The actual Google Crisis site is:
Slashdot videos: Now with more Slashdot!
We've improved Slashdot's video section; now you can view our video interviews, product close-ups and site visits with all the usual Slashdot options to comment, share, etc. No more walled garden! It's a work in progress -- we hope you'll check it out (Learn more about the recent updates).
I can't speak directly to their machines, but I worked in a similar CD/DVD plant nearby to the one that closed, and our injection molding machines took a bit over 4 seconds per disc for CD's (a bit longer for DVD's).
It's interesting that you bring up CD-R's as an alternative to replicated disc's. The company I used to work for had started to do that for smaller runs (under 300 discs). Anything more then 500 discs or so, and it becomes uneconomical. You have to realize that it's not just the time it takes, but the cost per unit. An injection molded CD takes maybe few cents worth of plastic and aluminum. What's the cheapest you can get a CD-R for, even in bulk? I'm guessing more then $.05. Add to that the fact that the error rate for burning CD-R's is much higher, and it's just not worth it.
Not that I disagree with the fact that copywrite and software patent law is being abused, but the examples you gave don't do much to prove that point.
Hellfire was an expansion that was licensed by Blizzard to a third party to produce. It wasn't a 'hack' or an unauthorized modification at all.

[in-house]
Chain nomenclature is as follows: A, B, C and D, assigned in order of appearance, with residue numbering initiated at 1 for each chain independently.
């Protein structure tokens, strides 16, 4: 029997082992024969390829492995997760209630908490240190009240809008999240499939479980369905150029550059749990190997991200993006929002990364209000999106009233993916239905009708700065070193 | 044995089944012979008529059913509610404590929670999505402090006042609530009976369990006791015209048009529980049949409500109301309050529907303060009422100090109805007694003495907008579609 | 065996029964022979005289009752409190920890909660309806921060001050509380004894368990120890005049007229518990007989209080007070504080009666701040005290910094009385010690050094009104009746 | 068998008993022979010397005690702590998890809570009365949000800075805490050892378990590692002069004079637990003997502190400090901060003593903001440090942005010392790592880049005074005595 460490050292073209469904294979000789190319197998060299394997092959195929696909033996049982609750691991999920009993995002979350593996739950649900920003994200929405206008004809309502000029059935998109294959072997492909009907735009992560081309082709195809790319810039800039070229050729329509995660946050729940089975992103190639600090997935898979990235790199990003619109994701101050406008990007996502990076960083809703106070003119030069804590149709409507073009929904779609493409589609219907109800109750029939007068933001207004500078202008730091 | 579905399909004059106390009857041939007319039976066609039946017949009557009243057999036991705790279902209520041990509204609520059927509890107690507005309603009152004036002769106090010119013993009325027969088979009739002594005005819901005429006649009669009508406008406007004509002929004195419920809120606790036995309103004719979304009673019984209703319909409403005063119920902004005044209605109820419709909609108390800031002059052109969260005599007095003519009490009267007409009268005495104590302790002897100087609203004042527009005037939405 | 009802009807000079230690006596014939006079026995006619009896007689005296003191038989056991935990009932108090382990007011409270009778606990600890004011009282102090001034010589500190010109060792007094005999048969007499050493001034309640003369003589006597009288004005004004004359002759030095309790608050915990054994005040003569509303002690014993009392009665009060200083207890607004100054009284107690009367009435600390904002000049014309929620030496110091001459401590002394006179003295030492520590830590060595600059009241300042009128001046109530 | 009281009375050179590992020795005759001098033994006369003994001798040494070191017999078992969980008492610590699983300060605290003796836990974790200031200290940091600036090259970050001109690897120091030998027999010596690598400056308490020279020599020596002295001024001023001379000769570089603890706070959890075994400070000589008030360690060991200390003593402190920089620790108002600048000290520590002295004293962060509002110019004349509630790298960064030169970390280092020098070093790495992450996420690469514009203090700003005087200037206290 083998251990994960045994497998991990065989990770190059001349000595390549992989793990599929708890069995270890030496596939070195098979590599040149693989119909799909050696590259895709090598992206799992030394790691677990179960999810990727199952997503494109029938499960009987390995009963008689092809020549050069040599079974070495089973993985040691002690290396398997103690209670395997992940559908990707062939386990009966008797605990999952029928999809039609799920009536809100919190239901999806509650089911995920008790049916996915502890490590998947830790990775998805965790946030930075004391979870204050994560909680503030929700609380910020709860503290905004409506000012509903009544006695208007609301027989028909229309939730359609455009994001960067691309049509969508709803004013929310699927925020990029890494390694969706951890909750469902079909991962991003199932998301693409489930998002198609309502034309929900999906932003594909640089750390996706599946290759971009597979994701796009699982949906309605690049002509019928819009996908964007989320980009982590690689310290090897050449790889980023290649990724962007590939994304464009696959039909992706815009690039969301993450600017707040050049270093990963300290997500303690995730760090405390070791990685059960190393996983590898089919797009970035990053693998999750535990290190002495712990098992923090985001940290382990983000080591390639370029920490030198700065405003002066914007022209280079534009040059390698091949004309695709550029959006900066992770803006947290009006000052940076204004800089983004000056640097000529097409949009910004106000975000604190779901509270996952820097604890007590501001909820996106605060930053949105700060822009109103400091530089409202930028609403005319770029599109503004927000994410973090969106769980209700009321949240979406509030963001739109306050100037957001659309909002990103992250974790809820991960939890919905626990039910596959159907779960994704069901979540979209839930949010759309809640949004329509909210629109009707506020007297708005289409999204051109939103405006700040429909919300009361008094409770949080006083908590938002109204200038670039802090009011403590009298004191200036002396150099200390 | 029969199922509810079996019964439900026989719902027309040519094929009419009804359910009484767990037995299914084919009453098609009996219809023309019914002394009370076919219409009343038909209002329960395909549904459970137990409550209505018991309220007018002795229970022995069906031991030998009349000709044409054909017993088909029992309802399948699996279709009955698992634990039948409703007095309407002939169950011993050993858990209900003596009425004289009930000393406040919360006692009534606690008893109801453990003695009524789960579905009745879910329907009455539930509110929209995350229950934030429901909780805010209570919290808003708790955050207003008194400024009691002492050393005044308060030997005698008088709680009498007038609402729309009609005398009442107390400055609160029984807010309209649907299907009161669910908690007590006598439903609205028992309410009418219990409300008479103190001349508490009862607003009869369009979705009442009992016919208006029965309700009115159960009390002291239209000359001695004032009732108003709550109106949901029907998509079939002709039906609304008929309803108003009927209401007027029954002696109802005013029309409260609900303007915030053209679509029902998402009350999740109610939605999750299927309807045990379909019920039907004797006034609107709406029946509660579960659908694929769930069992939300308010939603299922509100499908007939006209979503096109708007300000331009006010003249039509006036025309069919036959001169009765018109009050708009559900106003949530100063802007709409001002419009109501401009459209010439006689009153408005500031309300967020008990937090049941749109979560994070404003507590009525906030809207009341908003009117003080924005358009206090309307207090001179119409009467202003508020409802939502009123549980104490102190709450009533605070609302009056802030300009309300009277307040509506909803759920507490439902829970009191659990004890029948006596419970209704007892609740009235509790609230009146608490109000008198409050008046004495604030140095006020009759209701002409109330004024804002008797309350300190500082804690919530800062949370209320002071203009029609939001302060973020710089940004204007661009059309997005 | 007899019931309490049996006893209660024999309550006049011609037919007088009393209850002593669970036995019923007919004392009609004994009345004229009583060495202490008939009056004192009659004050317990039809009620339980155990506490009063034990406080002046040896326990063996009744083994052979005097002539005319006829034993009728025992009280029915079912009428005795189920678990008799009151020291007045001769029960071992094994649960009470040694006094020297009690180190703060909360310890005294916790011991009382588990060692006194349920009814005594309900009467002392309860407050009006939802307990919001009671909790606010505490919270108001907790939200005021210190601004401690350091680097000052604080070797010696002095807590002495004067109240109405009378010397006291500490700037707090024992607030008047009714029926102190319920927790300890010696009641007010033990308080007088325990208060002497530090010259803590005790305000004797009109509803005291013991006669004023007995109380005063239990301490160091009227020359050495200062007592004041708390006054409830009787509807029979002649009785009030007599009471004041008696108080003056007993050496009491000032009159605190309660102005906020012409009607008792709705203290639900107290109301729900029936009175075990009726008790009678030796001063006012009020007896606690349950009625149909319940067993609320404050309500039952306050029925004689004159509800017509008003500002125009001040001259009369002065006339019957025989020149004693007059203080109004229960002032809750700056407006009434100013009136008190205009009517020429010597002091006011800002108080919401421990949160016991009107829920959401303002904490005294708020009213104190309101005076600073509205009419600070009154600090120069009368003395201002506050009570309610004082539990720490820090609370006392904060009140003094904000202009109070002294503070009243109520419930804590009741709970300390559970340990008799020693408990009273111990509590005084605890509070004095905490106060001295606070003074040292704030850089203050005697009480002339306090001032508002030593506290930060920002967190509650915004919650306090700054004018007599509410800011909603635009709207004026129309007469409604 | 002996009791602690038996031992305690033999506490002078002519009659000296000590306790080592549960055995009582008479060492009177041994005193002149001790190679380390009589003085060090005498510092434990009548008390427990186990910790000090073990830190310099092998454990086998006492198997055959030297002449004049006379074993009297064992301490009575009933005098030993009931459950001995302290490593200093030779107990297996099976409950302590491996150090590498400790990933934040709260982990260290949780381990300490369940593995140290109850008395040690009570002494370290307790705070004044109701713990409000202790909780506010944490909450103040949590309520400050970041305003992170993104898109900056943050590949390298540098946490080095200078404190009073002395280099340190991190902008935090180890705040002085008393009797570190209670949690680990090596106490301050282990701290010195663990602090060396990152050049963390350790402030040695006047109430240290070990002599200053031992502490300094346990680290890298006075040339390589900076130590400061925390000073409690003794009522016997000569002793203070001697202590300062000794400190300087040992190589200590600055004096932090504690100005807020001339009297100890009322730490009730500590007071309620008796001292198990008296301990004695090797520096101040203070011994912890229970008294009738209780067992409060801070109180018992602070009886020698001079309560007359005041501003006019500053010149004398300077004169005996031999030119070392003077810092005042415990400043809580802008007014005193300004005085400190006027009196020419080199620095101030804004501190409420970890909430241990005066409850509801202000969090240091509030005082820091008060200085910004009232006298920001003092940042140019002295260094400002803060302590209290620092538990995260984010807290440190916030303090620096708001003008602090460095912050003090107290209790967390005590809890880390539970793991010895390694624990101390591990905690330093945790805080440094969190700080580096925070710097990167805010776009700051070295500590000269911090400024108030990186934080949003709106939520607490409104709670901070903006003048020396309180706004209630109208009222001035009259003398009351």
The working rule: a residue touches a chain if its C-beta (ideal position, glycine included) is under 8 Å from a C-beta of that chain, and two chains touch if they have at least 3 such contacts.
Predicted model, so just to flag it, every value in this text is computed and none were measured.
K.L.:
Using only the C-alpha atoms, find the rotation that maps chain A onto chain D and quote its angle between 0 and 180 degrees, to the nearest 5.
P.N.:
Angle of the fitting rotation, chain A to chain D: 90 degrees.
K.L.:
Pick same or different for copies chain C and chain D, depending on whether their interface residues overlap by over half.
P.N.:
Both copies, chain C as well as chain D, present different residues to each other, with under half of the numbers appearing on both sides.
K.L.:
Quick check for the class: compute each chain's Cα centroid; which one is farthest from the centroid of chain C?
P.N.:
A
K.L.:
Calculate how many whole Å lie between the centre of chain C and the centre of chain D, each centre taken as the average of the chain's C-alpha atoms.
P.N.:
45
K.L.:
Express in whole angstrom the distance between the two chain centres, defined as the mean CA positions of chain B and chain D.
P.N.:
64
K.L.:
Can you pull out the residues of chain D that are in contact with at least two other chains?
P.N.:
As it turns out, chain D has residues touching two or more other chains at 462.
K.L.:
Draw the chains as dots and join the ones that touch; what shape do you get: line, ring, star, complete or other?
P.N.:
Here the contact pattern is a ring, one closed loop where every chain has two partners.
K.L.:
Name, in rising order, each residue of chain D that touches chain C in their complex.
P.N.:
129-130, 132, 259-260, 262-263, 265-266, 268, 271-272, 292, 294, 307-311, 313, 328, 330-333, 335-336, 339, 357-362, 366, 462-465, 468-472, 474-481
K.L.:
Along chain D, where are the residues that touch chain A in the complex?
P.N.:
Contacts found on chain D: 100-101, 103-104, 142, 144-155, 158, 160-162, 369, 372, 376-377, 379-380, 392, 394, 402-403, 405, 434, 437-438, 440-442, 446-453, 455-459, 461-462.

Same goes for Counter Strike... it was made within the authorized modification framework for Half Life. A similar comparison would be Aeon of Strife for the original Star Craft, or DoTA for Warcraft III. Both were modifications made through the avenues provided by the developer.
These same modification avenues are still available for Starcraft II. It ships with a map editor, and there is even distribution for custom maps built into Battle.net.
I don't know that I agree with what Blizzard is doing, but they are certainly not trying to do what you seem to be accusing them of.
What does that translate to in terms of halftone printing? There's a world of difference between 90000 dye-sublimation continuous tones per square inch, and 90000 little squares that can be exactly black, cyan, magenta, or yellow. That's one reason why a "300dpi" magazine like Playboy still looks richer and better than the 1200dpi output of a color laser printer...
If you're actually interested:
"300dpi" is something of an oversimplification. Images are sent down at 300dpi. The printing plates are usually imaged by laser at 2400dpi, but each halftone cell takes up more then one "dot". Print resolution is measured in "lines per inch", and ranges from ~85 lpi for newsprint to over 200 lpi for higher end printing. I'd guess that playboy prints much closer to the 200lpi end of the spectrum.
A "1200" dpi inkjet (usually more like 1440dpi) will be able to print 1440 dots per inch, but multiple dots are needed to make each halftone cell. In effect, even the best consumer level inkjets are half the resolution of an offset press.
As for laser printers, if you look at the industrial level digital presses (many of which are really glorified laser printers), they produce print that is much closer to the level of an offset press, but then again they can cost well into the six figures, so I guess you get what you pay for.